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Hillsdale Head Hedging His Bets
By Dave Ebner – Globe and Mail
Tuesday, December 18, 2001 – Page B18
While North American equity markets are widely expected to go up, money managers say there are still opportunities for investors who want to profit from declines in particular stocks by short-selling.
Hillsdale Investment Management Inc., a Toronto-based money manager, runs several funds. In its two hedge funds, Hillsdale currently has about $2 long for every $1 short.
“Almost all our indicators point the same way: ‘buy,’ “ Hillsdale president Chris Guthrie said. “That said, we’ve had massive rallies in some stocks, unsubstantiated by fundamentals. It’s not hard to find shorts today.”
Short-selling is a bet that a stock will fall. An investor borrows shares of a company from his or her broker and sells them. Ideally, the investor repurchases the shares at a lower price and returns them to the broker, pocketing the difference.
But if the shares rise, the investor is in trouble. The potential loss is infinite because there is no limit to how far a stock can rise. Short-selling is risky, but can be a solid strategy for an aggressive investor.
Mr. Guthrie has a “large number” of small biotech firms, often involved in “me-too research,” on his short list. “Many of them are looking to cure the same diseases, from a hundred different approaches,” he said. “Typically only a minority are successful.”
CV Therapeutics Inc. stands out, Mr. Guthrie said. The California-based biotech researches experimental drugs to treat heart disease. The stock trades at 207 times trailing sales.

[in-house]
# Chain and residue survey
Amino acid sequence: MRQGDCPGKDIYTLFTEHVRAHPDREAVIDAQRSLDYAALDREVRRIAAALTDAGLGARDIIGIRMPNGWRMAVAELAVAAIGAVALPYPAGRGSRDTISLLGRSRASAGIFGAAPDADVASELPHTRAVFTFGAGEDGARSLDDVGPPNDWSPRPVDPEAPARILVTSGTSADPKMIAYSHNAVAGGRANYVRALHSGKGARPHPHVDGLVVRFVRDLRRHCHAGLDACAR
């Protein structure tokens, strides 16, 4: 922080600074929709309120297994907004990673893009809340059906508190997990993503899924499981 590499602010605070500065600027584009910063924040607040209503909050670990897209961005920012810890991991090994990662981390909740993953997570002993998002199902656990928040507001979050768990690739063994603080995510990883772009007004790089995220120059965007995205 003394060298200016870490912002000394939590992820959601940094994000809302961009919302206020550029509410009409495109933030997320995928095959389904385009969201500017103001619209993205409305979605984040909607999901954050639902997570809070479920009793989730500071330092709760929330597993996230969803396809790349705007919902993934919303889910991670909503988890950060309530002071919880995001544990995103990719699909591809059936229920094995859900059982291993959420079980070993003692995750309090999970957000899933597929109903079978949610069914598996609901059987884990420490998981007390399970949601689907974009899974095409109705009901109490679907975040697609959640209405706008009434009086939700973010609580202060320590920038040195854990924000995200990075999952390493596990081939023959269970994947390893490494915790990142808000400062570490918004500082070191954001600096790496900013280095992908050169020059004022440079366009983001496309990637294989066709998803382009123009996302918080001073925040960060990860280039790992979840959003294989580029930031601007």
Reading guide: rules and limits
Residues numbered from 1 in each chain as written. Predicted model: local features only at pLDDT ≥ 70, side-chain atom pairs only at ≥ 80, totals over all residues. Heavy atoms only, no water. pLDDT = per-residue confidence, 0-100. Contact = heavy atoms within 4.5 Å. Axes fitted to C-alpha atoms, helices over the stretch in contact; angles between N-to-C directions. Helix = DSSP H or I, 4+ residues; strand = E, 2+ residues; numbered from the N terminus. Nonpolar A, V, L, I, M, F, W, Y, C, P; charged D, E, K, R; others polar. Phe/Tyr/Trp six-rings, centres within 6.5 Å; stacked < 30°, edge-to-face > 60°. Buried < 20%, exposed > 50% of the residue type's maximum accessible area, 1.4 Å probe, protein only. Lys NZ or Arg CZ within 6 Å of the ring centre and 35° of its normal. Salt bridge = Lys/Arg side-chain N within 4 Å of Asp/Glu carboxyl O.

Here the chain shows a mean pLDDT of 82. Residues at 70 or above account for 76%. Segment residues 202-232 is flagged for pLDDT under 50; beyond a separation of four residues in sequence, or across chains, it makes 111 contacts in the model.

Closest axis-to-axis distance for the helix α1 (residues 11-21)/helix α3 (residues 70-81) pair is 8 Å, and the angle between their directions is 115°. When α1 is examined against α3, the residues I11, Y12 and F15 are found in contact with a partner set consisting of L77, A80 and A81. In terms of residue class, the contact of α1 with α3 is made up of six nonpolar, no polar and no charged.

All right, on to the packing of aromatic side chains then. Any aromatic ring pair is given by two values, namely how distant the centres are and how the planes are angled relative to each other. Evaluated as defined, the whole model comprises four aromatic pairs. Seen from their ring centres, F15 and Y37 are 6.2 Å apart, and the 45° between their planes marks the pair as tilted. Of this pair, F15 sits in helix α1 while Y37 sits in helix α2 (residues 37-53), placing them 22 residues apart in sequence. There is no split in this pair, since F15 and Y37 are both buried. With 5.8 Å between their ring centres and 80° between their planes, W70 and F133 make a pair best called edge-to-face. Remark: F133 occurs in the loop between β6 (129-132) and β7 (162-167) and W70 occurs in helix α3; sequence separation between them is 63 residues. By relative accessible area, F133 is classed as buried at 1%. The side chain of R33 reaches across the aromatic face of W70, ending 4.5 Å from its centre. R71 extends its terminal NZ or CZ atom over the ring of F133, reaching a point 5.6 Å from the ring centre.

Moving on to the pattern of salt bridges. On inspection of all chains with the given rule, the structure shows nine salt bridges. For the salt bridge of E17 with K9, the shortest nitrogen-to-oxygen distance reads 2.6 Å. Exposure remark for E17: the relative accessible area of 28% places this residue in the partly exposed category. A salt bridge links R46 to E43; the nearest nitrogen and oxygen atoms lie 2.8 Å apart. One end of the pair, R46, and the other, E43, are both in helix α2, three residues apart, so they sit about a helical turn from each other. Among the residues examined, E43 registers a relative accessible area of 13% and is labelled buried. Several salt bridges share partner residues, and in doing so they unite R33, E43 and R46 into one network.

“How’s that for a start?” Mr. Guthrie said.
CV is a trading stock, Mr. Guthrie said. In the past six months, the stock has twice risen by more than a third and twice fallen by more than a third. Most recently, CV moved toward $60 (U.S.) in early December on the Nasdaq Stock Market from less than $35 in early November. It has lost some ground in the past week — one brokerage house issued a “sell” rating — and closed at $54 yesterday.
Among domestic equities, Mr. Guthrie called Montreal-based printer Quebecor World Inc. “something you could short for a while.”
“The estimates are plummeting,” Mr. Guthrie said. Quebecor World warned of a lower profit in late October and analysts have slashed their outlooks. Three months ago, analysts believed the company would make $2.42 a share next year, an estimate now down by a third to $1.62. Further, the range of estimates for next year is wide, from $1.39 a share to $1.88.
“It’s what you’re looking for, a disagreement on the future of the company,” Mr. Guthrie said. “And the trend should be down, which in Quebecor World’s case, it is.”
Stock exchanges publish regular lists of short positions, although not all are straight short sales because some investors use shorts as part of complex strategies, including arbitrage. In November, Montreal plane and train maker Bombardier Inc., Brampton, Ont.-based network equipment maker Nortel Networks Corp. and Domtar Inc., a Montreal-based forest products company, were the Toronto Stock Exchange’s top three shorts. On Nasdaq, San Jose, Calif.-based network equipment maker Cisco Systems Inc. and chip maker Intel Corp. of Santa Clara, Calif., are popular shorts.
Thomas Galvin, chief investment officer at Credit Suisse First Boston in New York, recently surveyed about 200 money managers.
Among other queries, Mr. Galvin asked for short recommendations. Seattle-based Internet retailer Amazon.com Inc., fibre-optics part maker JDS Uniphase Corp. of San Jose, Calif., and Ottawa, and U.S.-based doughnut maker Krispy Kreme Doughnuts Inc. topped the list.